Thursday, July 03, 2008

Rest in Peace my Gumdrop

Yesterday morning at 09h55, probably about 2 hours after mom first called me to tell me the nurses didn't think he had much longer, she called to tell me that my grandfather (her father) had died, aged 83. Thankfully she'd called before then and let me speak to him a little on the phone. Apparently hearing is the last sense to go, so although he couldn't respond, I hope he heard my voice one last time.

As I said before, it was far from an unexpected call, but somehow when I finally heard ... it was as hurtful as ever. So I wanted to spend this post remembering my Gum, my Gummy (when I was younger), my Gumdrop (and Roddy or Twenty to everyone else).

I grew up far closer to my mom's folks than my dad's. A process of geography rather than anything else. The Peeb & I grew up spending a large part of our childhood at their home. Especially in school holidays when we went there while Mom worked (only a half-day mind you, she was a dedicated Ma).

The story goes that in my first week home from the hospital (after having been born), Gum held me as he walked around the garden and told me the names of all the plants. He retired only a few months before I was born, at a younger-than-usual age for most. He'd been a rather successful Architect in his day and had an obsession with cars.

I was the eldest grandchild (on both sides) and am still convined I was his favourite Grandchild ;) I guess it's also cause I was around for more time than any of the others. I remember our special made-up game called Squiggles, which usually took place while I was curled on his lap. We took turns each drawing a "squiggle" (a nonsensical collection of lines) and then we'd each get a turn to try turning the squiggle into an actual picture - needless to say he was far better at it than me! When we slept over (a treat during the holidays), we'd sit in their lounge (naturally he designed their L-shaped house) and he'd draw the things he saw in the shadows on the cobbled fire-place and I'd have to try guessing which stone it was.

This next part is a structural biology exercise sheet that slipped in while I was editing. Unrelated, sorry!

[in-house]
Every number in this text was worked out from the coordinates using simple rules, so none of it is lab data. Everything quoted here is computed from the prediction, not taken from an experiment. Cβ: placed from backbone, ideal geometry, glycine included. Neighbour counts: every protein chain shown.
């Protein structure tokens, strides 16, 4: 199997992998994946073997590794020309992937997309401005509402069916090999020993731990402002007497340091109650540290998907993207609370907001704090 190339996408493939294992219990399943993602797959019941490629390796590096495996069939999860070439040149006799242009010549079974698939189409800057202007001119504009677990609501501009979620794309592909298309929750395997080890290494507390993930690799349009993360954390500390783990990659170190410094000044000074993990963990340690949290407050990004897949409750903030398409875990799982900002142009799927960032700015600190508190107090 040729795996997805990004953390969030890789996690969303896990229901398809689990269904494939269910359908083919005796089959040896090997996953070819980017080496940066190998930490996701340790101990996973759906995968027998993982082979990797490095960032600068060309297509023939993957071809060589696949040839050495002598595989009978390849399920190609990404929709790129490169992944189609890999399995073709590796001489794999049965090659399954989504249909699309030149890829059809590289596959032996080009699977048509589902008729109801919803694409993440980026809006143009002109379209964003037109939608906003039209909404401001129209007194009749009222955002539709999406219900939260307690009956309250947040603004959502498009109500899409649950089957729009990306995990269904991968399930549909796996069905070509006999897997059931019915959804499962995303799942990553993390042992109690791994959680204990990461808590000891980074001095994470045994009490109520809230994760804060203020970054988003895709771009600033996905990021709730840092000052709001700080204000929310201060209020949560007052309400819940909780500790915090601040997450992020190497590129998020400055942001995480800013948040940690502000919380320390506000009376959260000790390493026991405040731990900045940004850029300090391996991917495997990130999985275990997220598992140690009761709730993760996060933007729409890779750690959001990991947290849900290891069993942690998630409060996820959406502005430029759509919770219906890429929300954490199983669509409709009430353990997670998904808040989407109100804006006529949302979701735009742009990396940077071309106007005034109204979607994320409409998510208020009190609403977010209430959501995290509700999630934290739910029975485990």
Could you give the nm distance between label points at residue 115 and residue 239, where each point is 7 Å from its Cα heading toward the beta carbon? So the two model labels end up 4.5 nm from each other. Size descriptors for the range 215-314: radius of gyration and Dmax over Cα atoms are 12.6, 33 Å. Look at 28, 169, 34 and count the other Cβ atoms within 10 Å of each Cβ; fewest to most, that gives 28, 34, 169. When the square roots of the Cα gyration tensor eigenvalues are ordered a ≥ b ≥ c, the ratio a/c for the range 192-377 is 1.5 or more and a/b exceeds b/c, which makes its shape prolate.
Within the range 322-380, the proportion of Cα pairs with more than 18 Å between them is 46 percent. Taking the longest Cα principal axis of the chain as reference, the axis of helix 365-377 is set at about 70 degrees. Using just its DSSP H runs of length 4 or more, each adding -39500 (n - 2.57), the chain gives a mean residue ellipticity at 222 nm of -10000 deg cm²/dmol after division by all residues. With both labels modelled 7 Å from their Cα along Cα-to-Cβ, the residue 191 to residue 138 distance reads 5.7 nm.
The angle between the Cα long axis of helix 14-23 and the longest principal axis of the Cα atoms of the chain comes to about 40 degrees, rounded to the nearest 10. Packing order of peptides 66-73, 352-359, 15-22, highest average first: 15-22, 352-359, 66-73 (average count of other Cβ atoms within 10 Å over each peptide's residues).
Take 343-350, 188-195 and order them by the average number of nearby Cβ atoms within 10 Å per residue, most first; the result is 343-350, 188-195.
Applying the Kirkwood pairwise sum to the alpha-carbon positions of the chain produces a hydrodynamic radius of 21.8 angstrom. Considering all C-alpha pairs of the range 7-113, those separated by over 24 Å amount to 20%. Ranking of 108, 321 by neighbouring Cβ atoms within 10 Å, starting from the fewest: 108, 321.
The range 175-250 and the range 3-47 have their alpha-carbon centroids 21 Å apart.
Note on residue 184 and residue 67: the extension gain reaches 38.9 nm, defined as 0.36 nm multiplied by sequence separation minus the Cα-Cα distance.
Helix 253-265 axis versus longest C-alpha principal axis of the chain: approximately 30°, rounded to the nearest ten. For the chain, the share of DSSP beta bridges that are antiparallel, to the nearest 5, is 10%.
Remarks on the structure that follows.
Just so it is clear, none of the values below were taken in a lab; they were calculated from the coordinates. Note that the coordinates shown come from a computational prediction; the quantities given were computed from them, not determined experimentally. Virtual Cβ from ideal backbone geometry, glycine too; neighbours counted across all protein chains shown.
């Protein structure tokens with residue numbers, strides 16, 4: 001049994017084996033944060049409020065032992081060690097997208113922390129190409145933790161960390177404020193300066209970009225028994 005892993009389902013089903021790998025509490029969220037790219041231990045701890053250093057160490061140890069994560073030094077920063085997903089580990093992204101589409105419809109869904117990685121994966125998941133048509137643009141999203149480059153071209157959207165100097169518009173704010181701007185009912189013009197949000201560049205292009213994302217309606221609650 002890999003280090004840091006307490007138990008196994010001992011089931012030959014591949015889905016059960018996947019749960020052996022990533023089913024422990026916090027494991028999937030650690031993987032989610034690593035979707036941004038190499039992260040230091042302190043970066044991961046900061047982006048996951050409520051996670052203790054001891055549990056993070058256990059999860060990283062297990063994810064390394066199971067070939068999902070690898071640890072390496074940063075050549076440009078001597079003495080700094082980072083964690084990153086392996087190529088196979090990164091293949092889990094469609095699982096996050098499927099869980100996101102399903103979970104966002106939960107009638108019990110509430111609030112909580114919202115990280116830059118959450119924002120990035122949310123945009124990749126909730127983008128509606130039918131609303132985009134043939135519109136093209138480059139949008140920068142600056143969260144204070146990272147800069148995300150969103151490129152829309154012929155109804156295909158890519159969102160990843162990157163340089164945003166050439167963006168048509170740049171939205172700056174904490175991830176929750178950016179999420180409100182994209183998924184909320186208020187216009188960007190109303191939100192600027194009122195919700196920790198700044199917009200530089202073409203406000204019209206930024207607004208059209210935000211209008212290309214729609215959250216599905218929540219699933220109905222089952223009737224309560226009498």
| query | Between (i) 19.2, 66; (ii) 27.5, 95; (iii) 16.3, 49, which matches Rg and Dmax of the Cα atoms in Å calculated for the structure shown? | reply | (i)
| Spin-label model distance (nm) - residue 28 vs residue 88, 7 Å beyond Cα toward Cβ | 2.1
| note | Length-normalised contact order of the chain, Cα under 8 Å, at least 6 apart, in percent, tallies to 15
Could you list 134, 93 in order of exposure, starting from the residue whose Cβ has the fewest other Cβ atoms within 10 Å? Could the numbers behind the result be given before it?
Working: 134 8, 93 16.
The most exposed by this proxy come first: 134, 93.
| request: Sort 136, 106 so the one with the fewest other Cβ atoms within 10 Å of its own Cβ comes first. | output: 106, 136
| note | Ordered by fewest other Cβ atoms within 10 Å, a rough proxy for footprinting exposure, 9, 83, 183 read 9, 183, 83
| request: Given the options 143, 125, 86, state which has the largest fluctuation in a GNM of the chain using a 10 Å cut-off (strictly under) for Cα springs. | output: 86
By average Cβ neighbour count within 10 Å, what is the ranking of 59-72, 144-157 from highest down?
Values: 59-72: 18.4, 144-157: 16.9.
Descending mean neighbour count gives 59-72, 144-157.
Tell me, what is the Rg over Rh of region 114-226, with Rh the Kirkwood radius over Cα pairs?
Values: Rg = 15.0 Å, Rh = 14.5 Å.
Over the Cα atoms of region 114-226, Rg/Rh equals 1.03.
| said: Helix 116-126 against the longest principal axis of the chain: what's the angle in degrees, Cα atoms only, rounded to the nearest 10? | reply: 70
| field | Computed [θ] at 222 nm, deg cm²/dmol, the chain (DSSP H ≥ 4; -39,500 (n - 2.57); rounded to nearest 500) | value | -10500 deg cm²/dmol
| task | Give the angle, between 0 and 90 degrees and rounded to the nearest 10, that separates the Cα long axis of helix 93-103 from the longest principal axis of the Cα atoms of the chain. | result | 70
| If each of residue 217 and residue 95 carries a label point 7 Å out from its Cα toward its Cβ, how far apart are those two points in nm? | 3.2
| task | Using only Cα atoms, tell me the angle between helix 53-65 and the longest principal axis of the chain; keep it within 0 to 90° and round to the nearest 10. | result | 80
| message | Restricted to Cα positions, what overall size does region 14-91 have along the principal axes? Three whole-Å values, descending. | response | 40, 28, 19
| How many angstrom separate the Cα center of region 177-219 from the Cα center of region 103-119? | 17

I remember Joe King (the brother of Nosmo King) and the way he used to get me giggling every time we went out for a family dinner ... Dad always threatened to separate us :) He used to tell us so many stories from his youth, it's hard to remember them all. I know he won a prize after varsity and traveled up the coast of Africa (to Mombasa, I think) on a ship with the prize-money. I also know he went back to Tanzania and Kenya with Marga (my gran) and was held over for questioning in a murder case on this trip - he didn't do it, obviously. He was sharing a room with some guy (Marga was sharing with her mother, don't ask me?) who went out, got drunk and happened to trip and fall and knock himself unconscious ... on the edge of a lake which led to his drowning.

I still look out for the wall-steps at the Princess Alice Hospital that he designed every time I drive along Tokai Main Road. I remember the money puzzles he used to make for us as gifts. For someone who's official line was "I don't give Birthday or Christmas presents", he sure spent a lot of time making up complicated puzzles with coins for me & The Peeb (sadly our much younger cousins missed out on that) to try to work out the amount of our actual monetary gift.